The East Boston Immigration Station opened in April of 1920, and was used for 34 years as a detention center to hold immigrants whose papers were not in order or were thought to have a communicable disease. Most of the immigrants detained at the facility were allowed to enter the United States. It is estimated that approximately 10 percent of the nearly 231,000 immigrants who landed in the Port of Boston from 1920 to 1954 were processed through the facility.
Located at 287 Marginal Street, the building had harbor access to assist in processing immigrants who failed to clear on-board ship inspections when they arrived in the Port of Boston. The site is now part of the East Boston Shipyard and Marina.
Originally built as a one story building, partial second and third stories were added in 1929 and 1930. The structure contained detention facilities, men’s and women’s dormitories, recreation and dining rooms for detainees, baggage storage, offices and examination rooms for the Public Health Service, a rooftop exercise area, and offices and processing facilities for Immigration officials.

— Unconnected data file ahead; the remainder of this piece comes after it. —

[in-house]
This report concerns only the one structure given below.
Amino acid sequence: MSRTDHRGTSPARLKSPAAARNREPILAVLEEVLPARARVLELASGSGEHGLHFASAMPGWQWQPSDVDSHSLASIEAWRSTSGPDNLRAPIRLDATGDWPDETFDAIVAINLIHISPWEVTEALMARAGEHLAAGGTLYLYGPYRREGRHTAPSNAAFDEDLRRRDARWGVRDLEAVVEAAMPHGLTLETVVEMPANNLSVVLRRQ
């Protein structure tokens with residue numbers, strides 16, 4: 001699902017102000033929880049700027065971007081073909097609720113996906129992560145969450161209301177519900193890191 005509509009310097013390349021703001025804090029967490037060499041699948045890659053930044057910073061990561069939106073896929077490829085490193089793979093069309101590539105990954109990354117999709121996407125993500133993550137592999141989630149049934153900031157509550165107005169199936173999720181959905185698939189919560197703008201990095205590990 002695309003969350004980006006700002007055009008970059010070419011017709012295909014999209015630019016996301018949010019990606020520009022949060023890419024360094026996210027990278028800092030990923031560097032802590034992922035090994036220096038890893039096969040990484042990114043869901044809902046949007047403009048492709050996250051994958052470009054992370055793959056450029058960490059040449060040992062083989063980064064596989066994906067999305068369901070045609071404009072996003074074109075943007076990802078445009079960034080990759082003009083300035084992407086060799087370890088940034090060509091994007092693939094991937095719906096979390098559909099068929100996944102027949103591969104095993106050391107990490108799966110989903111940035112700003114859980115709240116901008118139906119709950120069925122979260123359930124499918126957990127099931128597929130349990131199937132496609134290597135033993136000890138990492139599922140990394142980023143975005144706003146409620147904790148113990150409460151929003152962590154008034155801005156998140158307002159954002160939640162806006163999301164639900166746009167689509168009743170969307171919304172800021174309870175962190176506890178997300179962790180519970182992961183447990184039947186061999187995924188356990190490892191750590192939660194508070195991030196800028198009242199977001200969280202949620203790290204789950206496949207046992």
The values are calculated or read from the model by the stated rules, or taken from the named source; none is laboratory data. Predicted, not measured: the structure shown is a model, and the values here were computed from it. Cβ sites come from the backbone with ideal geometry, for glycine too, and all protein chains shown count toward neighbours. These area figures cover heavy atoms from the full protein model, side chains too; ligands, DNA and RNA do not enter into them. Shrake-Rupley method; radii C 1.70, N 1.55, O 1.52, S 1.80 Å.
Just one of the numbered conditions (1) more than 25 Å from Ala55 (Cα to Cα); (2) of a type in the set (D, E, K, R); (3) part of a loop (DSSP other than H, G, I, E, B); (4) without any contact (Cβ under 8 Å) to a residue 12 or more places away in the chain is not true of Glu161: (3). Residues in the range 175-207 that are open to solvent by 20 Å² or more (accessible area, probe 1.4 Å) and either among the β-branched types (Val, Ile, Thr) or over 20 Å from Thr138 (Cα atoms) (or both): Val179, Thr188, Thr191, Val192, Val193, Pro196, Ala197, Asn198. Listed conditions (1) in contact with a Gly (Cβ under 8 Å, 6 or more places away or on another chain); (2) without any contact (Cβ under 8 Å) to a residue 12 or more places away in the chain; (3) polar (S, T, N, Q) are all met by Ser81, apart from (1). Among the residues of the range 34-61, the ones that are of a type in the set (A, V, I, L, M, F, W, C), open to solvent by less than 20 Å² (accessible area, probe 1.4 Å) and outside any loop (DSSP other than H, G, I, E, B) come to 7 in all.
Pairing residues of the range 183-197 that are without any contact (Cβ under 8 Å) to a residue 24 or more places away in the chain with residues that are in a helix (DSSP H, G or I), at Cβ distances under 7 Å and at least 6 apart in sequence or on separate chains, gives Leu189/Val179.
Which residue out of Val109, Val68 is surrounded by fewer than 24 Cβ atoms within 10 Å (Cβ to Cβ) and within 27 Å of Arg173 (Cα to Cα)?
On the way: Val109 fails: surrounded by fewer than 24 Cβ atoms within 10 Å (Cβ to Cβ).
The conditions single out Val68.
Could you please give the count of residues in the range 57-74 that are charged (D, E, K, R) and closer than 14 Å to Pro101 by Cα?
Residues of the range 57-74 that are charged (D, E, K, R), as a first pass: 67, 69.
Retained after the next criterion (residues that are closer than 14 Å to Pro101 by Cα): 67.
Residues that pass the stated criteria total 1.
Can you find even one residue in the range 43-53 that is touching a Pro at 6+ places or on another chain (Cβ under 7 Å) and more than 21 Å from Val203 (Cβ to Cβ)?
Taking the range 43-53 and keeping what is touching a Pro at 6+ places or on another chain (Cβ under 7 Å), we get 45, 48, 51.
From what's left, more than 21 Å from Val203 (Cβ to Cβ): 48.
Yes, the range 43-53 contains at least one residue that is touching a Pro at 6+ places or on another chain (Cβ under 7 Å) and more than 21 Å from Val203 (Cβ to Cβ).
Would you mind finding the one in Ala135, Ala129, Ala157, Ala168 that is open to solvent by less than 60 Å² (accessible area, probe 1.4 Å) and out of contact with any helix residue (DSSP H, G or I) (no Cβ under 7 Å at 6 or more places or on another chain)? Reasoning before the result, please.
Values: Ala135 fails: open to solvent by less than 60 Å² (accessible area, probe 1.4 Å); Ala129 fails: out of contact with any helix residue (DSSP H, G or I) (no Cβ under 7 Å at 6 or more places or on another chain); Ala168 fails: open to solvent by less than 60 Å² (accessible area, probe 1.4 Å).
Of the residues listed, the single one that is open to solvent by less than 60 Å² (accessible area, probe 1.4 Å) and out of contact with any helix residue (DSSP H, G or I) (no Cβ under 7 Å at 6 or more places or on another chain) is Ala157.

The East Boston Immigration Station and its role in the larger story of immigration are an important part of the Port of Boston’s history. Recently, in cooperation with the East Boston community, Massport produced a book about the Immigration Station. You can learn more about the East Boston Immigration Station’s origins and read first-person accounts. View book here
In June 2012, the Massachusetts Port Authority erected a series of interpretive panels giving an overview of immigration with an emphasis on immigrants who entered the United States through the Port of Boston. These panels are on display at the Navy Fuel Pier and Piers Park in East Boston.